First, upon awakening, do you recall your dreams? Dreams early in the night usually incorporate experiences of the final waking hour, such as conversations or late-night TV. Later dreams are far more surreal. Not remembering any of them is a sign of a deep sleep - a good thing.
Eyes now open? Glance at the window. If air conditioning has been on, "steam" on the far side of the glass means the dew point is higher than room temperature: proof of extreme humidity. Moisture on the outside of windows is common in southeastern states, but fairly rare here. Bad news; dress for a sticky day.
Does the curtain pull itself inward toward your leg when you turn on the shower? Powerful jets of water from the showerhead produce this effect: It's Bernoulli's Principle. Whenever liquid or gas moves quickly, pressure is reduced. It's a bit counterintuitive. The fast water-stream pulls along some adjacent air with it, creating a partial vacuum that sucks in the curtain. This same principle makes tornadoes lift roofs and lets airplanes fly.
Now you're in the car. At a stoplight, notice how metals around you (like motorcycle chrome and the bumpers of trucks) gleam. Interesting process: Metals have outer electrons capable of absorbing and then reemitting photons of light, while their inner electrons are locked in place with too little flexibility to vibrate and emit light. Result: Sunlight hitting metals is not absorbed, nor does the light pass through. Instead, the light's reflected only from their outer electrons, making metals neither transparent nor dull, but something else: gleamy.
Next stop, look up to see if you can spot the moon. One week each month you'll easily see it in the morning sky, in the south or west. It will never be full and will always be lit up on the left side. This is the waning moon, usually a half-moon or nearly so: the phase that lies in front of us as we orbit the sun. Look its way and you're facing forward as our planet hurtles through space. Cool stuff. When the morning moon's ahead of you, you're going 66,000 miles per hour over the speed limit. You'll be right there, where the moon is now, in 3 1/2 hours.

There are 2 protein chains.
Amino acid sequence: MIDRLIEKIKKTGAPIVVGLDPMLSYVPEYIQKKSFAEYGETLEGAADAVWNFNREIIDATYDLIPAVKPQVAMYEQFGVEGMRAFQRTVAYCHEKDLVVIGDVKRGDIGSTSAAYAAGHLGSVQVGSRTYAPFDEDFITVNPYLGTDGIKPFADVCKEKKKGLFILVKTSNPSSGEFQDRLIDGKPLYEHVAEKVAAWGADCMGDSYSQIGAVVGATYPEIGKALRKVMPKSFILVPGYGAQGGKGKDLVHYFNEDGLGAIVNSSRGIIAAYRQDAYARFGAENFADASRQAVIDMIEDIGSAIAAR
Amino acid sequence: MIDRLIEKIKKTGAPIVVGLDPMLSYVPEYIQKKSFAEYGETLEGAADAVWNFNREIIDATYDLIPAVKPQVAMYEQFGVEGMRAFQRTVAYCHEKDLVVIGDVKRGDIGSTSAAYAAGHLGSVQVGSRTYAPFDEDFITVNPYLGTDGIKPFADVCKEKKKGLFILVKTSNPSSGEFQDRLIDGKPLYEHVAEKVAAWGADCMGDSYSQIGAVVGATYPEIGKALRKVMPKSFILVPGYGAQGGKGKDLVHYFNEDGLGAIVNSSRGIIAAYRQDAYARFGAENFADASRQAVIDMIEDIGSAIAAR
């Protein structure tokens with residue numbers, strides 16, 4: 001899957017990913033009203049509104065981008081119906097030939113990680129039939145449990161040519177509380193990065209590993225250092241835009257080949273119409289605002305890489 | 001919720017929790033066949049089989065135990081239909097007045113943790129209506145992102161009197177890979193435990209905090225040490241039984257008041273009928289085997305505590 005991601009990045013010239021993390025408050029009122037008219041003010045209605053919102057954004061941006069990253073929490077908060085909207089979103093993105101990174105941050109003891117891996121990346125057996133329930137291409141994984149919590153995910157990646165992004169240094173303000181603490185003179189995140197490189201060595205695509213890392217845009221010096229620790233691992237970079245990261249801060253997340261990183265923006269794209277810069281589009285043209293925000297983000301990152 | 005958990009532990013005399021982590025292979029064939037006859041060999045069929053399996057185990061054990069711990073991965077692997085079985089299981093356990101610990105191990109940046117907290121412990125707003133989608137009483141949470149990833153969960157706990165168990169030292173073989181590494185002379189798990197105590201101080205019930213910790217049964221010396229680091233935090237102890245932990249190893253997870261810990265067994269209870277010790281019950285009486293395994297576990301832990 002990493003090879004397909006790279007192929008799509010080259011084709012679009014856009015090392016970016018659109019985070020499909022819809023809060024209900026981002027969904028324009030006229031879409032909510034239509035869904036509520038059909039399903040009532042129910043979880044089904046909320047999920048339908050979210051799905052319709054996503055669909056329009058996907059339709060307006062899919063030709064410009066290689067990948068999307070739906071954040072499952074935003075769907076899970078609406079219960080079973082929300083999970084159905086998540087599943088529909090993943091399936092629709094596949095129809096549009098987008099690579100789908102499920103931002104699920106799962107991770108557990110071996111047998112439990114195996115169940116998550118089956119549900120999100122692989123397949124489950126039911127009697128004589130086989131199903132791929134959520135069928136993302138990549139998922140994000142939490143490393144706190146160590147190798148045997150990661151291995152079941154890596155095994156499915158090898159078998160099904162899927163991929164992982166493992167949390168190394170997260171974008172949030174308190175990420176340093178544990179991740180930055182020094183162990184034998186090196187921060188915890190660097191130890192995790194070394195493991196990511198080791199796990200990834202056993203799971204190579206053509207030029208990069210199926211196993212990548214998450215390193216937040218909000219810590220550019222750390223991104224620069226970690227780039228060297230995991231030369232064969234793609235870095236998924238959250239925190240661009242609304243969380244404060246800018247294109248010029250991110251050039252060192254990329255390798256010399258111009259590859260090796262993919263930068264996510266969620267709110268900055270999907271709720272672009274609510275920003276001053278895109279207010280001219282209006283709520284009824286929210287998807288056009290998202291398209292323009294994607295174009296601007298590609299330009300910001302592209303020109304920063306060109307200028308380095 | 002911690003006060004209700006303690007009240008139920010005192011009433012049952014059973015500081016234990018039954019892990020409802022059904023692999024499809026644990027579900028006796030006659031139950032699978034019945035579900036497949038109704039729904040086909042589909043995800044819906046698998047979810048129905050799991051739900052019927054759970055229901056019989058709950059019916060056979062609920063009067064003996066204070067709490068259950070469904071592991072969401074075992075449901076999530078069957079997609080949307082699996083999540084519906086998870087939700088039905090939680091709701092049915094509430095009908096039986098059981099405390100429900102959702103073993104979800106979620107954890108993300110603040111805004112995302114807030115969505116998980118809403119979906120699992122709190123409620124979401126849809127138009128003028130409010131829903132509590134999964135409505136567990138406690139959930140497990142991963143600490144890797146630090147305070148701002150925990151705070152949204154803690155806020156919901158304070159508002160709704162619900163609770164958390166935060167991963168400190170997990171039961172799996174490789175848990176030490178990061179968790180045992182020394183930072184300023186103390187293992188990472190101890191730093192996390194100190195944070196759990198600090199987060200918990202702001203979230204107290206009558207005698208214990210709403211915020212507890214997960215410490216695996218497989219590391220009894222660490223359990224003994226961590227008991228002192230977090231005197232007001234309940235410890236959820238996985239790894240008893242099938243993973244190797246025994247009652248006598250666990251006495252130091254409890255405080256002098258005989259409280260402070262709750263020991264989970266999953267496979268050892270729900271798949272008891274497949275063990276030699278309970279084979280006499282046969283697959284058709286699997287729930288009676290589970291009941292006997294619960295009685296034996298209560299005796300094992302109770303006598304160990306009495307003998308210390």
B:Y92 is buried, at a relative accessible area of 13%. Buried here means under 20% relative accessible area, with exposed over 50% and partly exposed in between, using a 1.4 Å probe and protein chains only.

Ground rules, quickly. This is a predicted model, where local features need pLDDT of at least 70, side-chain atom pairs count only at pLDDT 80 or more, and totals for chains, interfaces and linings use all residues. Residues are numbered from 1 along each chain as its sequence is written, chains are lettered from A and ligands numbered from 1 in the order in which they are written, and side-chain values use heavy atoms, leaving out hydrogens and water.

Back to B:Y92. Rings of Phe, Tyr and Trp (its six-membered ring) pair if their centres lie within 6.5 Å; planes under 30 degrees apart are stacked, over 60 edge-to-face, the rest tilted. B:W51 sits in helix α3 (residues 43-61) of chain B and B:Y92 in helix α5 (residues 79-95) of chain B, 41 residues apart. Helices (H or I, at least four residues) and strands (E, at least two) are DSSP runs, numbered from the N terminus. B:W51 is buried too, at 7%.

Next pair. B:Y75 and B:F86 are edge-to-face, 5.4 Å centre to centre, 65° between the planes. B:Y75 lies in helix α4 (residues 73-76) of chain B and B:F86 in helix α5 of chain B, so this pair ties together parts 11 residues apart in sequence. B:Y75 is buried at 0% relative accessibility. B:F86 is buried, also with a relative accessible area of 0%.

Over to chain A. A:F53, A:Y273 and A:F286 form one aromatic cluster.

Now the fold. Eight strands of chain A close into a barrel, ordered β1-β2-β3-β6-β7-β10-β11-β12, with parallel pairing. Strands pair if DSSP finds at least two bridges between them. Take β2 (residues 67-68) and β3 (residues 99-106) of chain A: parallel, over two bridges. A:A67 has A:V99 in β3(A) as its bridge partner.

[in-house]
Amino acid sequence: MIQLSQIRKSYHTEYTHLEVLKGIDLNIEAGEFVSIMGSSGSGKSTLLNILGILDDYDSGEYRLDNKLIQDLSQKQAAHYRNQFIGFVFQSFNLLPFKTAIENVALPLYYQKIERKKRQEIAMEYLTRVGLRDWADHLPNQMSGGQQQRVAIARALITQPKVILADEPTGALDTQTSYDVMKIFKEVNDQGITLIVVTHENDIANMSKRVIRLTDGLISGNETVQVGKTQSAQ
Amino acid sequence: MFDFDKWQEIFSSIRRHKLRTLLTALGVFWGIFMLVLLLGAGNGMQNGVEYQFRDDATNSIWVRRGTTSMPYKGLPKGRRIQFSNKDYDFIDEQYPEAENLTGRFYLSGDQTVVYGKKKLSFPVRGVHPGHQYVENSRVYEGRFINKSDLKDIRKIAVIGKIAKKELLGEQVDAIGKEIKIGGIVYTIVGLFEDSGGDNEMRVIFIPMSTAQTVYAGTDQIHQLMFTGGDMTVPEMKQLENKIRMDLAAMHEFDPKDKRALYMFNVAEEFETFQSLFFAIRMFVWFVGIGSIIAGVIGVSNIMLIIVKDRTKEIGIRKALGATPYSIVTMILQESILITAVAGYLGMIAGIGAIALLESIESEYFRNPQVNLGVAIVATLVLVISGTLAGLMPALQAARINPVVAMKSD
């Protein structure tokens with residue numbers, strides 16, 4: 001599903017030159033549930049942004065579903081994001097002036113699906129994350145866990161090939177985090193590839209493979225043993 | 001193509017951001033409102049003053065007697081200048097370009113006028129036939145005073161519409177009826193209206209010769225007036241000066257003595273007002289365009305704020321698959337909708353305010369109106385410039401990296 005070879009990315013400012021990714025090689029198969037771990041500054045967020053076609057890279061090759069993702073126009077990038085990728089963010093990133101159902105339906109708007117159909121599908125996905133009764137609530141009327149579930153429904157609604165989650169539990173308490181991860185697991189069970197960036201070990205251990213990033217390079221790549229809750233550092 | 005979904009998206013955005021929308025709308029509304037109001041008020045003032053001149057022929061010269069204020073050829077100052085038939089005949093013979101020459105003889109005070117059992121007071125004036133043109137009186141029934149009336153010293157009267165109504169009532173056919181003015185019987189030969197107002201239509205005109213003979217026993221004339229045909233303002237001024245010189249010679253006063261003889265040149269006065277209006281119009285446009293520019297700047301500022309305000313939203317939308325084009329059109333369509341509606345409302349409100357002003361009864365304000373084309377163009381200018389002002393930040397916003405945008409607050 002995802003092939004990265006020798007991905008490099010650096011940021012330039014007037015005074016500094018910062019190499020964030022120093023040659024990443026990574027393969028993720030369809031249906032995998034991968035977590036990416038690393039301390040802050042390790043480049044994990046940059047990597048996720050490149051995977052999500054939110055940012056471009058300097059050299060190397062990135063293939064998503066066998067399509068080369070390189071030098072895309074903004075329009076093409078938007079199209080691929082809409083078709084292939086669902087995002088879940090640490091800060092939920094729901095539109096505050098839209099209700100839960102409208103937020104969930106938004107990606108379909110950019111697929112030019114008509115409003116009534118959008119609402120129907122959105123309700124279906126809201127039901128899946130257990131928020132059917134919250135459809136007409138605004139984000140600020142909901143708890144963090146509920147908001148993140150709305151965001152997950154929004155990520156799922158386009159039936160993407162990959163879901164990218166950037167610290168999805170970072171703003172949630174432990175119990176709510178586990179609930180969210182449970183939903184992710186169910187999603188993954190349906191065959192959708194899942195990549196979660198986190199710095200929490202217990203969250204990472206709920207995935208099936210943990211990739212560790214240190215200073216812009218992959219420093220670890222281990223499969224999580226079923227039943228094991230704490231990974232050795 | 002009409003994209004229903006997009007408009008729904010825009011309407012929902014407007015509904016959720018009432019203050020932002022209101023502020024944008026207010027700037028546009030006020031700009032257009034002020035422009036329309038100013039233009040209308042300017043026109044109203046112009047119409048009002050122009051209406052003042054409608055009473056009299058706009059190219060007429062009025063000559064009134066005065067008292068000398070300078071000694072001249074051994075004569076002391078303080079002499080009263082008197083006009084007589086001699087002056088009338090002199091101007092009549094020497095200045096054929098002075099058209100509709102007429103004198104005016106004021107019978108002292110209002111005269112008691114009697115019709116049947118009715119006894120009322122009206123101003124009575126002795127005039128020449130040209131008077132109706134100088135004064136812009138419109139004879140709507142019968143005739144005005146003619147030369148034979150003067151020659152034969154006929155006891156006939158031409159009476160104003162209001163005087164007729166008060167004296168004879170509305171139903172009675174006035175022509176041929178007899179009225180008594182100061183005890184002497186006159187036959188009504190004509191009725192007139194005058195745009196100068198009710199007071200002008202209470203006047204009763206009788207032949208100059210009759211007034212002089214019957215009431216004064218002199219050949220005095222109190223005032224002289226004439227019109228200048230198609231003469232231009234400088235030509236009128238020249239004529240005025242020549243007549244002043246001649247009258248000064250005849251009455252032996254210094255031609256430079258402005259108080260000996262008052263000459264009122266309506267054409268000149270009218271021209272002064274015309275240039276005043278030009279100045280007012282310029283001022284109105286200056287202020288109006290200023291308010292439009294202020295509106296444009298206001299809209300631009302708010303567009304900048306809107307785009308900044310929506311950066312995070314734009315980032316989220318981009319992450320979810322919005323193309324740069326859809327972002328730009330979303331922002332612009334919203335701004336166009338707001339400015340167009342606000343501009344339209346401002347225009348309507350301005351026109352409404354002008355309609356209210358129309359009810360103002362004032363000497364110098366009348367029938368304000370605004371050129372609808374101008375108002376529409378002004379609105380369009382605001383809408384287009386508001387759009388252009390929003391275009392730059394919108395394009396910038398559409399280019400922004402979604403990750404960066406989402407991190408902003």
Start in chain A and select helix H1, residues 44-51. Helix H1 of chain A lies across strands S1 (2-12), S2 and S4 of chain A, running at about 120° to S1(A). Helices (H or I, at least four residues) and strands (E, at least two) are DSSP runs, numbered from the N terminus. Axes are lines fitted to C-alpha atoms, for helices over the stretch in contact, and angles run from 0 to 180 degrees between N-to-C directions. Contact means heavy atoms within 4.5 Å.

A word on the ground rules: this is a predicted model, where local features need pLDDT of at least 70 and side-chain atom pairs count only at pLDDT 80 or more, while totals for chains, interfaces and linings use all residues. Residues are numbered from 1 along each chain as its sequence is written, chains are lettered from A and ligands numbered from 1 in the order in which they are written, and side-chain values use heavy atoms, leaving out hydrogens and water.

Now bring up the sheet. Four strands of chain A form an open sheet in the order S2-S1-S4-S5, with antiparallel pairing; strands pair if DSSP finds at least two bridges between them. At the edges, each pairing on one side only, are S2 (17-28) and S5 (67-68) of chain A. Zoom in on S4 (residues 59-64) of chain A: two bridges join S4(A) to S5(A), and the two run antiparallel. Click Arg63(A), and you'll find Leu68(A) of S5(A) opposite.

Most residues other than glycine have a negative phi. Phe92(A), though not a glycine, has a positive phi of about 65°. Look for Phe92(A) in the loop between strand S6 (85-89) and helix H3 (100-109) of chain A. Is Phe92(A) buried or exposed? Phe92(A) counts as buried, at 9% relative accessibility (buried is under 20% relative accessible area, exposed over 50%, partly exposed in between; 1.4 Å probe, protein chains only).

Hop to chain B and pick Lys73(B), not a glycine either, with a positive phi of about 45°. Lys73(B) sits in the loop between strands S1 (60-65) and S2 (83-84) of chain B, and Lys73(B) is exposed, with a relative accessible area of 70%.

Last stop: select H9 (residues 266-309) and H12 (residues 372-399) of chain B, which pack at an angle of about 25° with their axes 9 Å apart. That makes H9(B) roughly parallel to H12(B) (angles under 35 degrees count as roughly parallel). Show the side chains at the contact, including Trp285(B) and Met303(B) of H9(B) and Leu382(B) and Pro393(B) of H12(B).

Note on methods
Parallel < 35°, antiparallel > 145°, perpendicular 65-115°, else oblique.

As you drive, your car gets warmer. Humans each radiate about the same heat as a 100-watt bulb. You and a few passengers will warm it up quickly. Daylight, entering windows but being unable to exit as infrared, heats it even more. Praise be to auto A/C, first introduced in the 1940 Packard. (The machinery took up the whole trunk).
On a sunny summer day you might see a mirage on the road: a pool of water that's not there. Very hot air just above the asphalt is so thin that light increases its speed compared with the cooler, denser air a few inches higher up. When light changes speed it bends - a process called refraction. Refraction makes a spoon in a half-glass of water appear bent, too. It makes that glass cola bottle seem to hold twice as much as it really does. No accident.
On the highway, you roll down your window. Whoops! Your important loose papers get sucked out. But now you know why: Bernoulli's Principle again. Your car's motion produces a stream of rapidly moving air outside. Fast air motion means low pressure, which creates enough of a vacuum to pull out the documents. Watch them through your rearview mirror.
Hey, this is fun! Let's do more everyday science sometime soon. It's an interesting way to live.